Cramer's 'Mad Money' Recap: High on Clearwire - TheStreet

Click here for an archive of Cramer's "Mad Money" recaps.

Craig McCaw, the "greatest moneymaker" in the telecom sector, is coming out with an initial public offering next week that market players should try to get a piece of, Jim Cramer told viewers of his "Mad Money" TV show Thursday.

He likes Clearwire, which is set to come public on the

Nasdaq

under the symbol CLWR, not only because it has a great technology but also because he is convinced by the "great man" behind the company.

McCaw has an "incredible track record," and history shows that putting money into his ventures has made people mad money, Cramer said.

McCaw can recognize a good new technology early on, he said. And with Clearwire -- his "next big show" -- McCaw sees a promising future for WiMax, the company's technology.

Although some of his ventures have been disappointing, Cramer said that even one of his biggest failures could have made people a fortune if they had been careful about profit-taking.

Clearwire's WiMax will enable the delivery of wireless broadband as an alternative to cable and DSL, he explained, saying it's like Wi-Fi but quicker and more efficient. "On 'Mad Money,' we know that broadband is the place to be," Cramer said.

The IPO should price between $23 and $25; Cramer said he would be willing to pay $28 to $35 for it because he "subscribes to the 'great man theory.'" As Cramer expects the stock to dip after the "initial IPO buying frenzy," he advised viewers to buy a quarter or half of their positions after Clearwire goes public and to wait for a dip to put the rest of their positions on.

"It is not a trade off the pop caused by the IPO," he said. "It's a stock I like long term. Be patient and build a position."

Sell Block

In his "Sell Block" segment, Cramer said that while dividends are supposed to make people feel safe about a stock, he believes that two companies' dividends are lies and are giving people false impressions of good health.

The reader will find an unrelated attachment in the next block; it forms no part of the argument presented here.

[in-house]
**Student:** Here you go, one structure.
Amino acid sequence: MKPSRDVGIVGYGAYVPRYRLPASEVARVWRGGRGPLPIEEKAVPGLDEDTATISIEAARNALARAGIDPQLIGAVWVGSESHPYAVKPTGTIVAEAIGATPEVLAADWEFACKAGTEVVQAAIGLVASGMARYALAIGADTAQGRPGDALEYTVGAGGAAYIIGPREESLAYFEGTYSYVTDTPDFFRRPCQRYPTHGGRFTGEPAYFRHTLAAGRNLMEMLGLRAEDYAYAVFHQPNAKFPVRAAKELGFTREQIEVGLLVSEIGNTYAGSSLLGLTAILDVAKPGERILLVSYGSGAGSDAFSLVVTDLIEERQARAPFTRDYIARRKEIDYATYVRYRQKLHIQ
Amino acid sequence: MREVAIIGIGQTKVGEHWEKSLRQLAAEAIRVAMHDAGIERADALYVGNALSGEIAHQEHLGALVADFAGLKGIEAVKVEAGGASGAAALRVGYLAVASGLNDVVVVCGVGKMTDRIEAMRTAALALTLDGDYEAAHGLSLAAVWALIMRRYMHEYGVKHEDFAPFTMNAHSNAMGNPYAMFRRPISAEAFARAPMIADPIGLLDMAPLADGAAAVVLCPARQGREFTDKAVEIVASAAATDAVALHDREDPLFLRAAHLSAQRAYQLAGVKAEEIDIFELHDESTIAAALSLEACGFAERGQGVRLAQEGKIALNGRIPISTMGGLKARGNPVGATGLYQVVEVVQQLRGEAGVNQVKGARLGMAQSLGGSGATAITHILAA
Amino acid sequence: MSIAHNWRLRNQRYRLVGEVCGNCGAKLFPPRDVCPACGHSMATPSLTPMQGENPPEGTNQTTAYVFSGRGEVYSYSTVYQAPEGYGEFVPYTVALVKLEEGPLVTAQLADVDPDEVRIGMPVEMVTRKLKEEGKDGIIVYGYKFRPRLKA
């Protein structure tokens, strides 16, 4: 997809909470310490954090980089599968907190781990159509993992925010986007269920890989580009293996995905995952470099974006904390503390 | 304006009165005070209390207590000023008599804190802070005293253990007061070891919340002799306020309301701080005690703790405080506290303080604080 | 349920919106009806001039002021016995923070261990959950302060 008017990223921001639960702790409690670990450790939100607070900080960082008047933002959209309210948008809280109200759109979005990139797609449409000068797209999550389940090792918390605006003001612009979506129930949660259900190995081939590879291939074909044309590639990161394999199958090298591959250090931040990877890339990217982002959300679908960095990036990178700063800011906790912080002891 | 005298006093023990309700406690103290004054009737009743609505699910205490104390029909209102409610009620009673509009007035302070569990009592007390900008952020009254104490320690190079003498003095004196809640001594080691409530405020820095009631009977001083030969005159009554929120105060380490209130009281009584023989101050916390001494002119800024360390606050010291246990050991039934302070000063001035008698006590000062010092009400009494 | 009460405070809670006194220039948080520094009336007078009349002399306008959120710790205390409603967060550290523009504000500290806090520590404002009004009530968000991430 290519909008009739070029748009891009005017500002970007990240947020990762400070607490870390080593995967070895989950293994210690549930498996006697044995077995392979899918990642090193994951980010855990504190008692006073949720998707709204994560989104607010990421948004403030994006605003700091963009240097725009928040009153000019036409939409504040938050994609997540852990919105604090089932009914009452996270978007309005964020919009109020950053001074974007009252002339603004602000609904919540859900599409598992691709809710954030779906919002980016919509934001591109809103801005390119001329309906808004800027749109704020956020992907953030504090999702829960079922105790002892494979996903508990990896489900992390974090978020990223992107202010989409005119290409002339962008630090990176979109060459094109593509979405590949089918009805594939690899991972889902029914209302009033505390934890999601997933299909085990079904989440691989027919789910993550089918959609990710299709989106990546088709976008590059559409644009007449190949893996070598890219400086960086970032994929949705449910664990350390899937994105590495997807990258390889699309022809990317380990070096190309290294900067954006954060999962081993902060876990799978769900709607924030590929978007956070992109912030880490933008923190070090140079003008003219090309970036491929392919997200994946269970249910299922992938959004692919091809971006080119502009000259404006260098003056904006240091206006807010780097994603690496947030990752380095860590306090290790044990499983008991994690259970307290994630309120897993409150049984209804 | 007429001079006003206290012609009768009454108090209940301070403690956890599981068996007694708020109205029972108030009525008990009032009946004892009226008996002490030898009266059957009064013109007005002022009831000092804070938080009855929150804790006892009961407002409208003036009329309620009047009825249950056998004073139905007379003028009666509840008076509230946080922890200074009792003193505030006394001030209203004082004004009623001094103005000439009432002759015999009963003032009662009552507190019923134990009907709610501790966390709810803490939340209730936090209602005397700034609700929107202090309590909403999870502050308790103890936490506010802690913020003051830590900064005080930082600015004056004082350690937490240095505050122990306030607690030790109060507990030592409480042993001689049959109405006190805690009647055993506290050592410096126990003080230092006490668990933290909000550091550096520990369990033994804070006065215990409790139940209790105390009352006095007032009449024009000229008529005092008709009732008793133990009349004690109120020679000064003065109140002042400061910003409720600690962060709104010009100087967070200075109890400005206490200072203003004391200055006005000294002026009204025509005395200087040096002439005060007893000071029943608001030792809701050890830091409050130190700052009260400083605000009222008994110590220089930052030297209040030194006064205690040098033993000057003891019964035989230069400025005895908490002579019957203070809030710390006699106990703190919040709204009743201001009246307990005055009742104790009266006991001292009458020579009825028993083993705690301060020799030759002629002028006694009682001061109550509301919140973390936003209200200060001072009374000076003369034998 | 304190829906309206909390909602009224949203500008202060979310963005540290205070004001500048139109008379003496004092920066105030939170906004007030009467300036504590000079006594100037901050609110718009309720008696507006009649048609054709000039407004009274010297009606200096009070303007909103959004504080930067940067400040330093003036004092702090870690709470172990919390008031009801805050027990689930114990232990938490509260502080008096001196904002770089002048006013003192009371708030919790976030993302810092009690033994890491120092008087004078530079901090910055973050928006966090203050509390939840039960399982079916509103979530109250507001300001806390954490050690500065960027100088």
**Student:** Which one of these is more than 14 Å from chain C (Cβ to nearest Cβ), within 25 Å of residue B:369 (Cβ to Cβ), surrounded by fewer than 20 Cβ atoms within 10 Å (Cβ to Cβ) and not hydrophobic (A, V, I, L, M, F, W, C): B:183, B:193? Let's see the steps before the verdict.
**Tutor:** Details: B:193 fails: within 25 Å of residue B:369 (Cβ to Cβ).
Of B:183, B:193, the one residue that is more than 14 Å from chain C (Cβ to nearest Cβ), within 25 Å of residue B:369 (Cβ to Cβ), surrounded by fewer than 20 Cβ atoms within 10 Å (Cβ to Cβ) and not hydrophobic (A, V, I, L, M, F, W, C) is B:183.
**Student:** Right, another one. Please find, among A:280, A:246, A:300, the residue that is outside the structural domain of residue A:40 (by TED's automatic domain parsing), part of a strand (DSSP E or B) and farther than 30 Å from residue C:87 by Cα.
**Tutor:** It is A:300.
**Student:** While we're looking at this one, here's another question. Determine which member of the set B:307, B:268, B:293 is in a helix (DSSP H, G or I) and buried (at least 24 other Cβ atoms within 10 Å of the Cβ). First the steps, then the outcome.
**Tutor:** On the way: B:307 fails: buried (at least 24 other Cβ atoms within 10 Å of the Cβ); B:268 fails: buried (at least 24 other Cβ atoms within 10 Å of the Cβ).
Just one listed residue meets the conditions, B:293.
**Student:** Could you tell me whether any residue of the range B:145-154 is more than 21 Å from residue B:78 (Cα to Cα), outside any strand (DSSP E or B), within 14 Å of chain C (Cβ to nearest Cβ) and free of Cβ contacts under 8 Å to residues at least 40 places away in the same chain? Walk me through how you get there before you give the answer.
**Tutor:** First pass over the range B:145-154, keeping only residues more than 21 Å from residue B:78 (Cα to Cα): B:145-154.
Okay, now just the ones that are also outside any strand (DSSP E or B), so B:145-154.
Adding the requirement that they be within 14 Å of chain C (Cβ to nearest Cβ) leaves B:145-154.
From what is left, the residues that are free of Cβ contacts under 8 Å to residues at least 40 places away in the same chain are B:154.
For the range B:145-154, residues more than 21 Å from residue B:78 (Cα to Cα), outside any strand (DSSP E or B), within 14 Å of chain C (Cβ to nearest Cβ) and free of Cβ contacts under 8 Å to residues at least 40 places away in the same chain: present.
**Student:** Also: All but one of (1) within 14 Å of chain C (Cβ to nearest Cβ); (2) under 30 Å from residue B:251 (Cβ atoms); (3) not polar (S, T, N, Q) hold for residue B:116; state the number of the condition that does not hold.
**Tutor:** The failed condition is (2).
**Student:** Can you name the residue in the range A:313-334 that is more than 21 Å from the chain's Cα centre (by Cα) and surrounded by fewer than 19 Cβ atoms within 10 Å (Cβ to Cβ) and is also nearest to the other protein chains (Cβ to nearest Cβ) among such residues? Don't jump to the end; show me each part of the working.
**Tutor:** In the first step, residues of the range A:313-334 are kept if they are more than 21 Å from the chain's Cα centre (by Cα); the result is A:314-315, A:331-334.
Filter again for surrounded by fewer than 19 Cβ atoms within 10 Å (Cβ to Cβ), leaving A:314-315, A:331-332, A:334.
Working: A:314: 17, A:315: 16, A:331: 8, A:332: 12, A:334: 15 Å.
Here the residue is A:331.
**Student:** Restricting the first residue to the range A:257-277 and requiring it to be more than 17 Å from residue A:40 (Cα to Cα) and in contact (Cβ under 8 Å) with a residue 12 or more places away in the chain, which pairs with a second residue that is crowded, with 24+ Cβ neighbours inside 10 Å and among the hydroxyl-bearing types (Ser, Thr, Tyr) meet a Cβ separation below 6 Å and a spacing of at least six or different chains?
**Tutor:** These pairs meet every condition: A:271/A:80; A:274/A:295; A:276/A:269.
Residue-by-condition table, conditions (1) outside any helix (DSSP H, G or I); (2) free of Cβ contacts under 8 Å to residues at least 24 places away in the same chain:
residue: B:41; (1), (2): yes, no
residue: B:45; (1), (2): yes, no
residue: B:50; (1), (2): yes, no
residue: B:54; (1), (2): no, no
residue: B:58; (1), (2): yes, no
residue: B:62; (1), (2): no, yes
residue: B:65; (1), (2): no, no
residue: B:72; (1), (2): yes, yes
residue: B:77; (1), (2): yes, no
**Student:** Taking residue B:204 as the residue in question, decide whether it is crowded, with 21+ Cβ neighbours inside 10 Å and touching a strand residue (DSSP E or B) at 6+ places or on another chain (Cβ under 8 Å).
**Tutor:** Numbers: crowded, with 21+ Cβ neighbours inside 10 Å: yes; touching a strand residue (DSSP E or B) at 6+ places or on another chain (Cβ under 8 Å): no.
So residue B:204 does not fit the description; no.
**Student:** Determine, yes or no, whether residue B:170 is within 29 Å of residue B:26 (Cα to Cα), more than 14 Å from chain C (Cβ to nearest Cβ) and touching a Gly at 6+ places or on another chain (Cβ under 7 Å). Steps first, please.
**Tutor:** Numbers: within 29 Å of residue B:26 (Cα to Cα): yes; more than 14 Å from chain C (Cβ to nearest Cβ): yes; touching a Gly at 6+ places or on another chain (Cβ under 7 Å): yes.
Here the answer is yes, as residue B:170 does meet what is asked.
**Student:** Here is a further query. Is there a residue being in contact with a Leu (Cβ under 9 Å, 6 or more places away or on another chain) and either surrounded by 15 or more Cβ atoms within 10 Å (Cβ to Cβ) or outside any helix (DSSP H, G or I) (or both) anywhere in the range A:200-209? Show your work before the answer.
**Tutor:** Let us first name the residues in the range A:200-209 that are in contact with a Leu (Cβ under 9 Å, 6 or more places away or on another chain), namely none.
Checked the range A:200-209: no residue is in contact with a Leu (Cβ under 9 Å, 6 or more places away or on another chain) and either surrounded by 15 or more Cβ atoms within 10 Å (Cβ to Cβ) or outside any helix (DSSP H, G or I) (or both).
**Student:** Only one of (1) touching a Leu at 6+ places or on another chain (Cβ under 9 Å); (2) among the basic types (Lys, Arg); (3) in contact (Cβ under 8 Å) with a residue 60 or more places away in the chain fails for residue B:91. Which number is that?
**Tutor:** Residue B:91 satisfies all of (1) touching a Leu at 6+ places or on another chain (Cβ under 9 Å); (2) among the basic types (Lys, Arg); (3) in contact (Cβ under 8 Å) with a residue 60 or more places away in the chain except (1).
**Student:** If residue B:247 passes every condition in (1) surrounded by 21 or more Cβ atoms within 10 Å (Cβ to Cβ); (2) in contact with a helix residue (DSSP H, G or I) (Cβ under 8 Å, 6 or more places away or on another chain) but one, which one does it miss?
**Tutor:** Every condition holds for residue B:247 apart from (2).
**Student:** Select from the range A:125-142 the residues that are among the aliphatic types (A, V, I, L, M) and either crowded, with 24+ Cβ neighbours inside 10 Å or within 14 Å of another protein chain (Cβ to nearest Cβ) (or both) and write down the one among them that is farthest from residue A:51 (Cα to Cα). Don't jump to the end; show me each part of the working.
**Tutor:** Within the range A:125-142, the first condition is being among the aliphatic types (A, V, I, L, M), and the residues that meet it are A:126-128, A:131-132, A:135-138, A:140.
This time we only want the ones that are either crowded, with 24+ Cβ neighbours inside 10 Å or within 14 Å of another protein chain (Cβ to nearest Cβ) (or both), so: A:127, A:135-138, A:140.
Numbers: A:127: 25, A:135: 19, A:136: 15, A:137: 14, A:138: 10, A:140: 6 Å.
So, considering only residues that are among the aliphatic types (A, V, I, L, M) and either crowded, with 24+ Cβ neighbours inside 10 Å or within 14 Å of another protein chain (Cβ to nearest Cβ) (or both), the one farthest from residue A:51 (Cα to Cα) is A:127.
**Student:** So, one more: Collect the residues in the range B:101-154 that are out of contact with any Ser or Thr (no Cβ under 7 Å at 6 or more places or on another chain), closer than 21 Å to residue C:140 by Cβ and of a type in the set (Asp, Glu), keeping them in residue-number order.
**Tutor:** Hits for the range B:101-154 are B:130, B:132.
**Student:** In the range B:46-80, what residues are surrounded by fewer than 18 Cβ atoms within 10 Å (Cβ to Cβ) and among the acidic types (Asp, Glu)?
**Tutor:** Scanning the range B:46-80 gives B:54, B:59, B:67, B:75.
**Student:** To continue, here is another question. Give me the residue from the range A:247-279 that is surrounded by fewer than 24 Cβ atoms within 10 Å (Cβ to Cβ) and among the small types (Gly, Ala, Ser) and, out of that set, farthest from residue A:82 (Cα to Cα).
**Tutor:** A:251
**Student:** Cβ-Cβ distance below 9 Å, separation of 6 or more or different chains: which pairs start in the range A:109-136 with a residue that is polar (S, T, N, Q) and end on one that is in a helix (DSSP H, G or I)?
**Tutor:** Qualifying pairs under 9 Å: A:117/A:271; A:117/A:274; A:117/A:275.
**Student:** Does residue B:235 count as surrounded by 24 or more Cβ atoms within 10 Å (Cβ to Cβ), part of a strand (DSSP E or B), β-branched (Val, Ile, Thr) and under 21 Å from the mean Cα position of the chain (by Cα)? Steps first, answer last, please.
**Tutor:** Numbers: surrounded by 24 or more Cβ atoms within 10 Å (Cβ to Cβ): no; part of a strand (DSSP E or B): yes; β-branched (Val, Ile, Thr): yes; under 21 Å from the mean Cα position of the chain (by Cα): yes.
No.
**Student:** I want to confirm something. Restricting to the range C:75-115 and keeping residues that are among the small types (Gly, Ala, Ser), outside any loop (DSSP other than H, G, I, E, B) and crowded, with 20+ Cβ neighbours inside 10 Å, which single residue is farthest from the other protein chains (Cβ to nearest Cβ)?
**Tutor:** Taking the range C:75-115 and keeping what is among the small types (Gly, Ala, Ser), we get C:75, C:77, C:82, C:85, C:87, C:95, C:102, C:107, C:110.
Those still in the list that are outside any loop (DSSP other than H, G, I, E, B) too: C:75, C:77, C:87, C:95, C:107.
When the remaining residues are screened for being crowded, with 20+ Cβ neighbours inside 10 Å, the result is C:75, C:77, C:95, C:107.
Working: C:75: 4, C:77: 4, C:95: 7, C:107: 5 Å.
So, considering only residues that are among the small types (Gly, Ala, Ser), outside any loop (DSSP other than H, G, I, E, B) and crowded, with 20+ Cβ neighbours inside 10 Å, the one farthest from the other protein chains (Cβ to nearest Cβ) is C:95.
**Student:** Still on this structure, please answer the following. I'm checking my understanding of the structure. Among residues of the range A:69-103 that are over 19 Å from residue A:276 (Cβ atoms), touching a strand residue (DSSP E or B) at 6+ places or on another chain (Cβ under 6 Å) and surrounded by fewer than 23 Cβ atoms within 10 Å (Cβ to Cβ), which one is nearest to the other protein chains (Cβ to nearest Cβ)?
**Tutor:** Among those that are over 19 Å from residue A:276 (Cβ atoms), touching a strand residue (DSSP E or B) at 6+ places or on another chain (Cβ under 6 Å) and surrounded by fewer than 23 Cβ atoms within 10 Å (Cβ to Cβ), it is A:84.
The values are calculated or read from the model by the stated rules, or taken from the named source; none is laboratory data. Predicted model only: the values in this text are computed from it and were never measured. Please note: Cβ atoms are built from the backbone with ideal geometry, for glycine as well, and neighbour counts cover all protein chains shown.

When a dividend gets too high, it is a sign the stock is going lower, Cramer said. According to Cramer,

BP Prudhoe Bay Royalty

(BPT) - Get Report

and

Frontline

(FRO) - Get Report

have dividends that are too good to be true. That's why they're up on the Sell Block.

With their big dividends, "these companies will either fail to deliver and have to lower their dividends, or they will fall so hard that the dividend wont be worth it," he said.

Cramer believes that BP Prudhoe's stock and dividend both should go lower and that Frontline is part of the same club.

In order to make earnings, Frontline is selling off assets -- "a losing strategy," he said.

Am I Diversified?

In his "Am I Diversified?" segment, Cramer's first caller said he owned the following five stocks for his portfolio:

AT&T

(T) - Get Report

,

Reliant Energy

(RRI)

,

Deutsche Telkom

(DT) - Get Report

,

International Game Technology

(IGT) - Get Report

and

Altria

(MO) - Get Report

, which Cramer owns for his charitable trust,

Action Alerts PLUS.

Cramer spotted a pair with AT&T and Deutsche Telekom. He suggested selling DT and picking up a defense or finance stock instead.

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Cramer's next caller named the following five stocks:

Under Armour

(UA) - Get Report

,

Google

(GOOG) - Get Report

,

Sears

(SHLD)

,

Goldman Sachs

(GS) - Get Report

and

Halliburton

(HAL) - Get Report

.

Cramer said he wouldn't do a thing to the portfolio "other than applaud it." He owns Sears, Halliburton and Goldman Sachs for his charitable trust,